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Care as regulated and care in the obdurate world of intimate relations: Foster care divided?

Pithouse, Andrew Joseph and Rees, Alyson 2011. Care as regulated and care in the obdurate world of intimate relations: Foster care divided? Ethics and Social Welfare 5 (2) , pp. 196-209. 10.1080/17496535.2011.571070

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Abstract

This paper outlines briefly care as a formal construct of a highly regulatory approach to being looked after in the setting of foster care. It then moves on to consider care and its expression within the interdependencies and everyday moral ‘workings out’ between people in caring relationships. These relationships are informed partly by exterior regulation, but also emerge predominantly from care as a social process and daily human activity in which the self exists through and with others. Drawing from an in-depth qualitative study of 10 foster families supported by local authorities or independent agencies in Wales, the paper examines the meaning of care in what is often a nebulous mix of paid and unpaid fostering. The moral texture of the foster family is revealed in regard to three areas of everyday domestic life that are often taken for granted and rarely researched: the symbolism of food, issues of the body, and aspects of touch. The paper concludes with a brief reprise of foster care as relational, constitutive and contextual in contrast with care as a professional and regulatory discipline.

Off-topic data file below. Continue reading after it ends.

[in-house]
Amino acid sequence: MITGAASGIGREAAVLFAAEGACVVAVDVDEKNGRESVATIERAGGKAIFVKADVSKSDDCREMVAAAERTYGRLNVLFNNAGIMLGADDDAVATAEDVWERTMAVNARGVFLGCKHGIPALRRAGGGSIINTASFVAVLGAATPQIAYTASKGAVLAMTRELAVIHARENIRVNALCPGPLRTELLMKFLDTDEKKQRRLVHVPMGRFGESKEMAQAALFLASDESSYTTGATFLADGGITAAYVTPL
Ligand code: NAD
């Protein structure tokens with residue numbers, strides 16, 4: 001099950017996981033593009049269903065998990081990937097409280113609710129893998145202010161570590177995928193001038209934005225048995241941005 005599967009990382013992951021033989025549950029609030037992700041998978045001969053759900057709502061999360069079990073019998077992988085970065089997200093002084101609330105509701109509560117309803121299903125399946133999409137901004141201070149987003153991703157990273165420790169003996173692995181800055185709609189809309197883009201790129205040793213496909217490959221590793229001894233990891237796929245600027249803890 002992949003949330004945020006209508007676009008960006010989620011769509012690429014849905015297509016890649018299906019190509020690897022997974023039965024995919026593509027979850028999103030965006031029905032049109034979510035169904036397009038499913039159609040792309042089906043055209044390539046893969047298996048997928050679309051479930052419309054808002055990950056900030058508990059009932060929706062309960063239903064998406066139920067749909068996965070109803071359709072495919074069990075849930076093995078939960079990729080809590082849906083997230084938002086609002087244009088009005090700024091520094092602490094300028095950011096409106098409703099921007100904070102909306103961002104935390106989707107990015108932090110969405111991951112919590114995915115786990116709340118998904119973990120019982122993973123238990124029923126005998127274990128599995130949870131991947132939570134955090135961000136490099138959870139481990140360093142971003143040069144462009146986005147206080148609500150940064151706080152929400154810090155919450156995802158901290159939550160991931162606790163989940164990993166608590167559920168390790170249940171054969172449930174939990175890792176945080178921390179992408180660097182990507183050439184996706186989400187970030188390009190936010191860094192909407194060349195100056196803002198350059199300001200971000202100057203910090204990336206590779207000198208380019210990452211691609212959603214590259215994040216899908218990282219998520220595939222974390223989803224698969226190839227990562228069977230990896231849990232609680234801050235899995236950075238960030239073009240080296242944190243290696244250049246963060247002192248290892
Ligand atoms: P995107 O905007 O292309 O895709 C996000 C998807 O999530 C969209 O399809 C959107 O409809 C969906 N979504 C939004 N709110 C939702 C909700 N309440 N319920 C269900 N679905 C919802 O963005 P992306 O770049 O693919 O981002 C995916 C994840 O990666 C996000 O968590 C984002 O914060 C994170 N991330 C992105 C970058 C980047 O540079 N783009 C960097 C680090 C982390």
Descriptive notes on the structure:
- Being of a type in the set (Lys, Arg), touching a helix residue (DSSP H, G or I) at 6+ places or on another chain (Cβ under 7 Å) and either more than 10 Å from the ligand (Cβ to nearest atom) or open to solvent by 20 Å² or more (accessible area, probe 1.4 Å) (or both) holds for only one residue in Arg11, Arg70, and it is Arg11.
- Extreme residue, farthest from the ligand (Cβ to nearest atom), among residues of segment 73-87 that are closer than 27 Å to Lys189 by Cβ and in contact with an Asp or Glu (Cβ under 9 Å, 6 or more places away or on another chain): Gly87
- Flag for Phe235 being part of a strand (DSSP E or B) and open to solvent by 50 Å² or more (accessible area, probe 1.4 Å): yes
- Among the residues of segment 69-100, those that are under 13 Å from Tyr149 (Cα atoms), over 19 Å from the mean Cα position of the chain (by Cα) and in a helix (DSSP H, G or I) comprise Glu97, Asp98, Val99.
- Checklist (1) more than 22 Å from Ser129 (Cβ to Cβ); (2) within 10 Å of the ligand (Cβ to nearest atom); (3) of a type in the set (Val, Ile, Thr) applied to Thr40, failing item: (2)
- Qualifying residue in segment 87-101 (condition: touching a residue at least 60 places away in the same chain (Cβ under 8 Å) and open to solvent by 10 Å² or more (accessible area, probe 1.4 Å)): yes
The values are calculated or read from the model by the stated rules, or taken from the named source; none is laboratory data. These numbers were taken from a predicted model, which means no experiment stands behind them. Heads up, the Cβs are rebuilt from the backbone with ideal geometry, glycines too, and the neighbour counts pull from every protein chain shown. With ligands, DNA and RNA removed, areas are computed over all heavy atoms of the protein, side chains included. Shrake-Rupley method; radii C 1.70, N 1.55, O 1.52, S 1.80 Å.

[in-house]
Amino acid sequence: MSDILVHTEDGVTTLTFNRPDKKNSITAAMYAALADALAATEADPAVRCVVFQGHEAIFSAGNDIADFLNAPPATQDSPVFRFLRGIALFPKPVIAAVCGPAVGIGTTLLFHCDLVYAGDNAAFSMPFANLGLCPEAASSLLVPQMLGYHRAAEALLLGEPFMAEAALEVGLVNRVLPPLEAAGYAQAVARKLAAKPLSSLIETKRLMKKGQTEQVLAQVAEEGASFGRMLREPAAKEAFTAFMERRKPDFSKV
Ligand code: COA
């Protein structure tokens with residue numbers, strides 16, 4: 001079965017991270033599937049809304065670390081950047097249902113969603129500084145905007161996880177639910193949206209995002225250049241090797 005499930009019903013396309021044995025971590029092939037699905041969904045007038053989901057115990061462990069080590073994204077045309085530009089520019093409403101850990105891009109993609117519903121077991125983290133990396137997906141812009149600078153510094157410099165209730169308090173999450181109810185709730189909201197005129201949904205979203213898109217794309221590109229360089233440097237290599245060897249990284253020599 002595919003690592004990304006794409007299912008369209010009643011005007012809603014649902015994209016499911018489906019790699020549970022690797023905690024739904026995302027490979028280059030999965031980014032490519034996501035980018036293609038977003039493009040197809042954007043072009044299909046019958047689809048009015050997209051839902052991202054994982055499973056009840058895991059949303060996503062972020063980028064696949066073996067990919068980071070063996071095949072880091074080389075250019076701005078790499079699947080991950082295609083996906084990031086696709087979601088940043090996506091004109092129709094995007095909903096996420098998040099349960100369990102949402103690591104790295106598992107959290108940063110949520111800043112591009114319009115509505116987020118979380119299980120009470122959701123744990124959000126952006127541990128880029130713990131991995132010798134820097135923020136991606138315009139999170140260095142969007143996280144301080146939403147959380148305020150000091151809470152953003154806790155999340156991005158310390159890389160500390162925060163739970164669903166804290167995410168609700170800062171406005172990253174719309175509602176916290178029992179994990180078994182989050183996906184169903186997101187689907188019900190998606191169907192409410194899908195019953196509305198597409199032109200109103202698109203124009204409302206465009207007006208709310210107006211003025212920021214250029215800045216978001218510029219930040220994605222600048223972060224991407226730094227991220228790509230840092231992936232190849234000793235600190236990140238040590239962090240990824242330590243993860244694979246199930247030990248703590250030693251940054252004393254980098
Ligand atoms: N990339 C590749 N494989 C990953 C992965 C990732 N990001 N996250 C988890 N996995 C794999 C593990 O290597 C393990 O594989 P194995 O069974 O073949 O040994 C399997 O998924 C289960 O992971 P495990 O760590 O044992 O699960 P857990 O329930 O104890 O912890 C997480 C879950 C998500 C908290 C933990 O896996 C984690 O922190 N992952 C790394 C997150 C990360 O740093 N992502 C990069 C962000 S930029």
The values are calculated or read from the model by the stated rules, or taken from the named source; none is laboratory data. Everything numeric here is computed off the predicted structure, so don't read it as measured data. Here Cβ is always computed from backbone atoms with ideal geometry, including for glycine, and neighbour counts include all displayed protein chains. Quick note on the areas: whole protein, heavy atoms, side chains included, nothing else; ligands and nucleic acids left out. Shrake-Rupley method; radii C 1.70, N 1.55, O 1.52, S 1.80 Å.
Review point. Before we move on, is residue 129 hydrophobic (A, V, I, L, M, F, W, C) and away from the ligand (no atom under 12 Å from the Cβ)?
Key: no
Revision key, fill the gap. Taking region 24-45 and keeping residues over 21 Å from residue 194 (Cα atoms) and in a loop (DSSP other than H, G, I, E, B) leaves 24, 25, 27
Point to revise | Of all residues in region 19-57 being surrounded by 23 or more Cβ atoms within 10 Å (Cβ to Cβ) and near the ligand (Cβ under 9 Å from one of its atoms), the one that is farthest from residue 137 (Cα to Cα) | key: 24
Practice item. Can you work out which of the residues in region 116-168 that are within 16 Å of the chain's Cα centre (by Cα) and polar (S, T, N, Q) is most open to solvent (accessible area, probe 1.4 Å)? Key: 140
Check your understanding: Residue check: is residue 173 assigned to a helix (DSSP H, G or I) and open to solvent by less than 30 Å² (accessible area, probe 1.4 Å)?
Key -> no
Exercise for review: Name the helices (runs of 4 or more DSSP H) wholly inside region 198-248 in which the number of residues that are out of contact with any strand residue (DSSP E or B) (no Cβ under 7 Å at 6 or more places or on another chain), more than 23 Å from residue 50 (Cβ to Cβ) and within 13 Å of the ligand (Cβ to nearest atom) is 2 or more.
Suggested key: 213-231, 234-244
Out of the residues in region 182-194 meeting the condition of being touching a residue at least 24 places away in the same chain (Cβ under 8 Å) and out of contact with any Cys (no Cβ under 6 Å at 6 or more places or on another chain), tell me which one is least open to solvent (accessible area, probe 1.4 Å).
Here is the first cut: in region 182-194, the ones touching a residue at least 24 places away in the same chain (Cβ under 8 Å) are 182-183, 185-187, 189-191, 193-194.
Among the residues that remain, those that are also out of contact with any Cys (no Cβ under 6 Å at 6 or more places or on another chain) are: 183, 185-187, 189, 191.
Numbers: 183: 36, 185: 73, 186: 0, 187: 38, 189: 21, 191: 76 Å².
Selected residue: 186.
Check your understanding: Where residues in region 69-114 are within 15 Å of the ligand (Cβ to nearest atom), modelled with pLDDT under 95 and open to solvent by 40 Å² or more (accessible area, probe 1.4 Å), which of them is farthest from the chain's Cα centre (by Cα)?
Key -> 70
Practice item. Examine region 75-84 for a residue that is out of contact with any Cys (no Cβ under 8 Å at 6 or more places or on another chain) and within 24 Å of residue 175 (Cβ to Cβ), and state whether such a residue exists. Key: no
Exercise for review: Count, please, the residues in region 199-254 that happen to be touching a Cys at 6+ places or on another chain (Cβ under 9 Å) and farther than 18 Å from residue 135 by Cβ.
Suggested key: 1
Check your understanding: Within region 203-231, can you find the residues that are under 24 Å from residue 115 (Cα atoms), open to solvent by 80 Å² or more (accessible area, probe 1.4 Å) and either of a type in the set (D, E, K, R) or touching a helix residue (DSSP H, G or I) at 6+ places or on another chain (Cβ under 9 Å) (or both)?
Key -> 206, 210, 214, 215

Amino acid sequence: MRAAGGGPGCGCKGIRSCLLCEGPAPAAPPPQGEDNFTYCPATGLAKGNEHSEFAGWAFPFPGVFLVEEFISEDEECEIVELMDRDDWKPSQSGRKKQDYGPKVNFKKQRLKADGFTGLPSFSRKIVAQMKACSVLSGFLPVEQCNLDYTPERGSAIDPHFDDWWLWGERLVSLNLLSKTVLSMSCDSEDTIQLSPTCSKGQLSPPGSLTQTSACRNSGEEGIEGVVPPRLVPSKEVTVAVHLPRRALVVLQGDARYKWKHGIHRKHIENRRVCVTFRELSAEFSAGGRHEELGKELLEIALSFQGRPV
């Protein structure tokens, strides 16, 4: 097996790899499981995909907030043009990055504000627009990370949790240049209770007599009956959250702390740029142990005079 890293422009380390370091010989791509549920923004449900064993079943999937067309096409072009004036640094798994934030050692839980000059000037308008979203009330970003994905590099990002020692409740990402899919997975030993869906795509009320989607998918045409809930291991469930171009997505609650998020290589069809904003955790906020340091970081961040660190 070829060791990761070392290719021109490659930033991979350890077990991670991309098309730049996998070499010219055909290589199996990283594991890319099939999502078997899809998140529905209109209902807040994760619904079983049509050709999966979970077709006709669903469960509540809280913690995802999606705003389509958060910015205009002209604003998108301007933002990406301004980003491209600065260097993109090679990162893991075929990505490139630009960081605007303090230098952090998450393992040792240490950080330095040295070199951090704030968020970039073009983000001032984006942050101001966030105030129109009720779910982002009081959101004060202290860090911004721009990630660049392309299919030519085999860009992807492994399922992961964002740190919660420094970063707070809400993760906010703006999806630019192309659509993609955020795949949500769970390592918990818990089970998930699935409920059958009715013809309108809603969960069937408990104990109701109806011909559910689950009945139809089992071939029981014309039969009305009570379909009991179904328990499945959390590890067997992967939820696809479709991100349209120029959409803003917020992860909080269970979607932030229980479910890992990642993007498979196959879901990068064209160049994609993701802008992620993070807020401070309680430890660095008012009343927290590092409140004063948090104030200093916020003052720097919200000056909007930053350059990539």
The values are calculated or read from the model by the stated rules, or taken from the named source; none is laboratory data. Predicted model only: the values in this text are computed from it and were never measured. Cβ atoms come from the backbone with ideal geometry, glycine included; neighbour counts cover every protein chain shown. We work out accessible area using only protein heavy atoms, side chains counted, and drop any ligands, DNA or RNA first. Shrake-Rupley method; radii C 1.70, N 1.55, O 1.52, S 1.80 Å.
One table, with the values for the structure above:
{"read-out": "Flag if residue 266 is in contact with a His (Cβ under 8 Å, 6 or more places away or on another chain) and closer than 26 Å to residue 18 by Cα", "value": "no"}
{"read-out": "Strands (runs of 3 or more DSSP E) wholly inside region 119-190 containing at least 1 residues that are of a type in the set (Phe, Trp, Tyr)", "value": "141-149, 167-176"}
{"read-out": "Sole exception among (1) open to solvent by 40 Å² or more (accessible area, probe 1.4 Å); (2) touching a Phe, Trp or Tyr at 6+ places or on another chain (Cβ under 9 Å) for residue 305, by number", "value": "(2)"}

Item Type: Article
Date Type: Publication
Status: Published
Schools: Social Sciences (Includes Criminology and Education)
Subjects: H Social Sciences > H Social Sciences (General)
H Social Sciences > HV Social pathology. Social and public welfare
Uncontrolled Keywords: foster care; fostering; Wales; food; body; touch; family
Publisher: Taylor & Francis
Last Modified: 08 Oct 2019 03:55
URI: http://orca.cf.ac.uk/id/eprint/28542

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